Extend understanding of fraction equivalence and ordering.

Number and Operations-Fractions

Extend understanding of fraction equivalence and ordering.

Number and Operations-Fractions

Wyoming DOE

Last updated:

6/21/2013

Resources cannot be aligned to this standard, browse sub-standards to find lessons.

- This standard is part of: CCSS.Math.Content.4.NF
- This standard is derived from: CCSS.Math.Content.4.NF.A

Finer grained standards that are part of this one

Explain why a fraction π’/π£ is equivalent to a fraction (π― Γ π’)/(π― Γ π£) by using visual fraction models, with attention to how the number and size of the parts differ even though the two fractions themselves are the same size. Use this principle to recognize and generate equivalent fractions.

Wyoming DOE

Last updated:

6/21/2013

Compare two fractions with different numerators and different denominators, e.g., by creating common denominators or numerators, or by comparing to a benchmark fraction such as 1/2. Recognize that comparisons are valid only when the two fractions refer to the same whole. Record the results of comparisons with symbols >, =, or <, and justify the conclusions, e.g., by using a visual fraction model.

Wyoming DOE

Last updated:

6/21/2013

Standards with the same topic and subject but for other grades

Develop understanding of fractions as numbers.

Wyoming DOE

Last updated:

6/21/2013

Understand a fraction 1/π£ as the quantity formed by 1 part when a whole is partitioned into π£ equal parts; understand a fraction π’/π as the quantity formed by π’ parts of size 1/π£.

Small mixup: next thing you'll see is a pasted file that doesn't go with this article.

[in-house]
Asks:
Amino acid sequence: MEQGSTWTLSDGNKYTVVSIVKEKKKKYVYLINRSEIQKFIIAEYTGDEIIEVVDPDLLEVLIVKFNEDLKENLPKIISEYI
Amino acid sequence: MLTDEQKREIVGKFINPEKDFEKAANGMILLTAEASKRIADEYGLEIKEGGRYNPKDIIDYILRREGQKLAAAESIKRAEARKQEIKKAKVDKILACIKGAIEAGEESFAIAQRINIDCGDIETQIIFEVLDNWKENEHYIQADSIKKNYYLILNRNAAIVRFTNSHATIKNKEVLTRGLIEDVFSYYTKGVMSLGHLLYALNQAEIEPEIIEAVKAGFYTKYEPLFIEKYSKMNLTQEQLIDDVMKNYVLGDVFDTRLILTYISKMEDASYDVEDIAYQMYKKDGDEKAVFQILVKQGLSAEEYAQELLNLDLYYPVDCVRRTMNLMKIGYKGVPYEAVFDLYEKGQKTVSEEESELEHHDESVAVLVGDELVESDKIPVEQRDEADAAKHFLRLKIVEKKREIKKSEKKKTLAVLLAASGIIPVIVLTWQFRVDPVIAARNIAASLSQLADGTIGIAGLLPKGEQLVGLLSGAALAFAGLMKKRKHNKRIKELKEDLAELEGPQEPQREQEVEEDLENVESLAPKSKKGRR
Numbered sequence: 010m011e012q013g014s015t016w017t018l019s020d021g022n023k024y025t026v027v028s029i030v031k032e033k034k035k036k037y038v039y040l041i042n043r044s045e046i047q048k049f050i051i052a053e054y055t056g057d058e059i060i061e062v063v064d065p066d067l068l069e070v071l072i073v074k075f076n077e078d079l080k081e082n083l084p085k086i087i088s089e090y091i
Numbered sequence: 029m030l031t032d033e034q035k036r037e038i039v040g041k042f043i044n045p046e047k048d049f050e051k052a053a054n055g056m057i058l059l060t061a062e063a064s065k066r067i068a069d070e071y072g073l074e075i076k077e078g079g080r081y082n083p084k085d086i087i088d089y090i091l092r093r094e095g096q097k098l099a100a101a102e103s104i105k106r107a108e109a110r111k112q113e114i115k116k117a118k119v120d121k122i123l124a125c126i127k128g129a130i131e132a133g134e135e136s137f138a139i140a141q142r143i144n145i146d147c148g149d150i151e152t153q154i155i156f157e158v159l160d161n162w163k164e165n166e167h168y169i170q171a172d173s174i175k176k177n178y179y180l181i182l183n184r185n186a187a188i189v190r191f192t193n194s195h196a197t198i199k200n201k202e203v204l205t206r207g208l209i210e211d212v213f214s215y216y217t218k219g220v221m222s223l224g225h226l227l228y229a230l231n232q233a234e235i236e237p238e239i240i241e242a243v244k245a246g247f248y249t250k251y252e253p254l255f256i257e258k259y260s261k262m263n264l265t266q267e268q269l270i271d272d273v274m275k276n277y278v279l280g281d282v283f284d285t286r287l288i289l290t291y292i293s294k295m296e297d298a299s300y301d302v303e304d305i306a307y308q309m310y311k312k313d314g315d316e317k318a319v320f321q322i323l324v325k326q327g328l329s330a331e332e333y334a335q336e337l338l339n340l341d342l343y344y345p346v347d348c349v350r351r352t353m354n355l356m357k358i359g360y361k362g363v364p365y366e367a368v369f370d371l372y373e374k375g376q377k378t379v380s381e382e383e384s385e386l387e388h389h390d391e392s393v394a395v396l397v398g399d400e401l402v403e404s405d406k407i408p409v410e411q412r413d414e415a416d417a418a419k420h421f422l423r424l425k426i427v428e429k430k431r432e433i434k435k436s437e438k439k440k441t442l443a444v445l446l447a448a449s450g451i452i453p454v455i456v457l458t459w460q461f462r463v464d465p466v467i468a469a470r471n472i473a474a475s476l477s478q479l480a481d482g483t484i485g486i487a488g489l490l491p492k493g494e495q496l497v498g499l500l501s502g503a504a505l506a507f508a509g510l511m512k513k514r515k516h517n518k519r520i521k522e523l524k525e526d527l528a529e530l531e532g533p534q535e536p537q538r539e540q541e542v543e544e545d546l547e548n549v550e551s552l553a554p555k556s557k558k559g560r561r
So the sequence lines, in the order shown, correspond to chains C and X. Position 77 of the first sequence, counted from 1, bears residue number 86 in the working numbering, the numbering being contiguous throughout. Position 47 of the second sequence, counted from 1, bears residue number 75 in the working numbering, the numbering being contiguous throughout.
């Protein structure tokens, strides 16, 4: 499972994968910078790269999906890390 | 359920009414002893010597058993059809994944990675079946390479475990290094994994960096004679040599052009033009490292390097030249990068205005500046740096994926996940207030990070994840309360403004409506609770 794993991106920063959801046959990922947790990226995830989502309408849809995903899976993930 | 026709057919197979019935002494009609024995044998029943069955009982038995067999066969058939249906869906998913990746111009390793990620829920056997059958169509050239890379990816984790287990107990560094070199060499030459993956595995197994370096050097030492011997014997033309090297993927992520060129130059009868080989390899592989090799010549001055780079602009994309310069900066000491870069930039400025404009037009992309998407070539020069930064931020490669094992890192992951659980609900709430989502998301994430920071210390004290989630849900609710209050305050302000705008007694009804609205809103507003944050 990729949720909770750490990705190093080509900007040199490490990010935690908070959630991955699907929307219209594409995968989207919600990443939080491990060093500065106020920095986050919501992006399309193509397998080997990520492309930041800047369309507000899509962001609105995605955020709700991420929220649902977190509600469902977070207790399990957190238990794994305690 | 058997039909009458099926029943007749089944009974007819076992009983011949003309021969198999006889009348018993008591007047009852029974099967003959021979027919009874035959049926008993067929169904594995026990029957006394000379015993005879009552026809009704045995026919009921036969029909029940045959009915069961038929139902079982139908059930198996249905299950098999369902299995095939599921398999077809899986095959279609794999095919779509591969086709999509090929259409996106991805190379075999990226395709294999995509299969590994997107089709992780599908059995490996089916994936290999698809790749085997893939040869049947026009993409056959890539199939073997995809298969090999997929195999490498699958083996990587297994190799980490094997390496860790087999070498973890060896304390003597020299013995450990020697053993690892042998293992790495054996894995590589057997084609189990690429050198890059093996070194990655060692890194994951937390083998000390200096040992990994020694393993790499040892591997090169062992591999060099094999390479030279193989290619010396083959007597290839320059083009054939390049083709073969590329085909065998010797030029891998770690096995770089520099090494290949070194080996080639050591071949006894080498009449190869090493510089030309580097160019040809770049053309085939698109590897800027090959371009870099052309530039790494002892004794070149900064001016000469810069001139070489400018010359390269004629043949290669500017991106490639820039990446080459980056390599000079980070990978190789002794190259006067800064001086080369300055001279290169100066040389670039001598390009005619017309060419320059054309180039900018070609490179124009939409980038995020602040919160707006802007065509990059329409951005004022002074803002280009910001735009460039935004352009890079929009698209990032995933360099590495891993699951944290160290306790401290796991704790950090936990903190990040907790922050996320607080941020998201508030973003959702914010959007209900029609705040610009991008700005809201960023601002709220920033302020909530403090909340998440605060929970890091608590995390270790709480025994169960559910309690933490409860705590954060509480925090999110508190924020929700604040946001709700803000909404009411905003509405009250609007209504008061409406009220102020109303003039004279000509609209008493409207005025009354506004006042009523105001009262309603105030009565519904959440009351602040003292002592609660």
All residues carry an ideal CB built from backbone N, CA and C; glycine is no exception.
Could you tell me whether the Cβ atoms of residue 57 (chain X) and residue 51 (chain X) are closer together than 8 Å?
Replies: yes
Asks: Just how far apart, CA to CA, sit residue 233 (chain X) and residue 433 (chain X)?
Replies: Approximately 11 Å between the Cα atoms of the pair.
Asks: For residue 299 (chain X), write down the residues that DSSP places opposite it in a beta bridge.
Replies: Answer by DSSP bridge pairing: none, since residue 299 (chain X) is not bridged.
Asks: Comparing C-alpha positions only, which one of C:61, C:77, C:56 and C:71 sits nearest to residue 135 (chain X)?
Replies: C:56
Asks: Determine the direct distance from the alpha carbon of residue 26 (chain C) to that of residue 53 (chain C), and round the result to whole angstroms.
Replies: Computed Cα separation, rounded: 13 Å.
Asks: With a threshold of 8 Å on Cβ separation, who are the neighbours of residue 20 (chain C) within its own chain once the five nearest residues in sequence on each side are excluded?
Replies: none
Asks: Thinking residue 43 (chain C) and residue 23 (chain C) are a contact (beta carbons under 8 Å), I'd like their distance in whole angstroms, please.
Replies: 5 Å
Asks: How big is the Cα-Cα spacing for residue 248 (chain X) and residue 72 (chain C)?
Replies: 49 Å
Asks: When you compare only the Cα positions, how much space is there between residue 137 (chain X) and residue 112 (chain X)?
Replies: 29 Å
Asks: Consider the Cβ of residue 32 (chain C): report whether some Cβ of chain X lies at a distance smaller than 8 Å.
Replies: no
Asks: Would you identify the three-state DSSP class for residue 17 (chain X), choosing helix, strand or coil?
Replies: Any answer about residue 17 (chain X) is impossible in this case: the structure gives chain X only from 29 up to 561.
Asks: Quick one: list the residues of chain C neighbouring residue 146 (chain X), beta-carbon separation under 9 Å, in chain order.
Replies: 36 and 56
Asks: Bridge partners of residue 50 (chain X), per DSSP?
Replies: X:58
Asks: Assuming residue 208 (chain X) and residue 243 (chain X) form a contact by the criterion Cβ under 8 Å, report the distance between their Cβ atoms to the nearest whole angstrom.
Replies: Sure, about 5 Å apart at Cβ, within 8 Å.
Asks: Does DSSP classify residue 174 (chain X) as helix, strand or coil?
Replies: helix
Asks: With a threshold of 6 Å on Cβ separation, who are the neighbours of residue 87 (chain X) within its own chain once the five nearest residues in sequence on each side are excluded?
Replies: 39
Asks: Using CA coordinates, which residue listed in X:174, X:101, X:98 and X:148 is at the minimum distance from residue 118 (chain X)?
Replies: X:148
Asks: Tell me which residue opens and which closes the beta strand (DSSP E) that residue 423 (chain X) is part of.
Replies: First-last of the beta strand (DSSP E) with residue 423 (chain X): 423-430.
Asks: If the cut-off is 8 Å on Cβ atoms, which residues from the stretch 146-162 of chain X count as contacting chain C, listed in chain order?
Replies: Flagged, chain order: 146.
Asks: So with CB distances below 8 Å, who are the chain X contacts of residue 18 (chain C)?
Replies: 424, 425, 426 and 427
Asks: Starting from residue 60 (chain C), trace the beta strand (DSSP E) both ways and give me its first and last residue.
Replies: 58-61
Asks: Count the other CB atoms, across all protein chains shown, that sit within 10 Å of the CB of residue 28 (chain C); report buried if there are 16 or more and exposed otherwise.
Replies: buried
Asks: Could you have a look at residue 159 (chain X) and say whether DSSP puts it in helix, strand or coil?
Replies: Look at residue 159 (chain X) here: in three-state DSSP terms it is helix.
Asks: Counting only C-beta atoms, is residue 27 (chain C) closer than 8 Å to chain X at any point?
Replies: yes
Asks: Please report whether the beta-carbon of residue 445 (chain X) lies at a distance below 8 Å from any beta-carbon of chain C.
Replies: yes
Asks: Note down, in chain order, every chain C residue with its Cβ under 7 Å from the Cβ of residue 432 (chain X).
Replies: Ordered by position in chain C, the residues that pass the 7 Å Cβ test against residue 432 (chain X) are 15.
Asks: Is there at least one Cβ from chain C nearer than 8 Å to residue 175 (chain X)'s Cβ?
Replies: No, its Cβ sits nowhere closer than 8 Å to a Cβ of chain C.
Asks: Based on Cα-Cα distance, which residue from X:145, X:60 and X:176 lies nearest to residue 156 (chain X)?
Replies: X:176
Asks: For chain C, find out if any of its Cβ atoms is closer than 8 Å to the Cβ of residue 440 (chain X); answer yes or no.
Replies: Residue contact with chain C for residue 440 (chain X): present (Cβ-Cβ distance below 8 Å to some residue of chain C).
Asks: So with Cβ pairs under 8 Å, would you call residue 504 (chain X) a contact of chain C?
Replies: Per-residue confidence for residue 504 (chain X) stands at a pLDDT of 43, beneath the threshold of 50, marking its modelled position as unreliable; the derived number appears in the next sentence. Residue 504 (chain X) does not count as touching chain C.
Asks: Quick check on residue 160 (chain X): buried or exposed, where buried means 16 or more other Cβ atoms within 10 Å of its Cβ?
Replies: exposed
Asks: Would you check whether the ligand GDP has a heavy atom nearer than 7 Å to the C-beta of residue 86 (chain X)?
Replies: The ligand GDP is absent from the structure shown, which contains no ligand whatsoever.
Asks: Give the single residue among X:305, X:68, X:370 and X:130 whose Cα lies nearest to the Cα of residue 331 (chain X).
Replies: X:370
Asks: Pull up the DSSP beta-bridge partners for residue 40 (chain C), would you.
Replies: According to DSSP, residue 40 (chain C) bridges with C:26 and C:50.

Wyoming DOE

Last updated:

6/21/2013

Understand a fraction as a number on the number line; represent fractions on a number line diagram.

Wyoming DOE

Last updated:

6/21/2013

Understand two fractions as equivalent (equal) if they are the same size, or the same point on a number line.

Wyoming DOE

Last updated:

6/21/2013

Compare two fractions with the same numerator or the same denominator by reasoning about their size. Recognize that comparisons are valid only when the two fractions refer to the same whole. Record the results of comparisons with the symbols >, =, or <, and justify the conclusions, e.g., by using a visual fraction model.

Wyoming DOE

Last updated:

6/21/2013

Standards derived from the same national standard

Extend understanding of fraction equivalence and ordering.

Pennsylvania DOE

Last updated:

6/3/2013

Extend understanding of fraction equivalence and ordering.

Wisconsin DOE

Last updated:

6/21/2013

Extend understanding of fraction equivalence and comparison.

Tennessee DOE

Last updated:

2/11/2021

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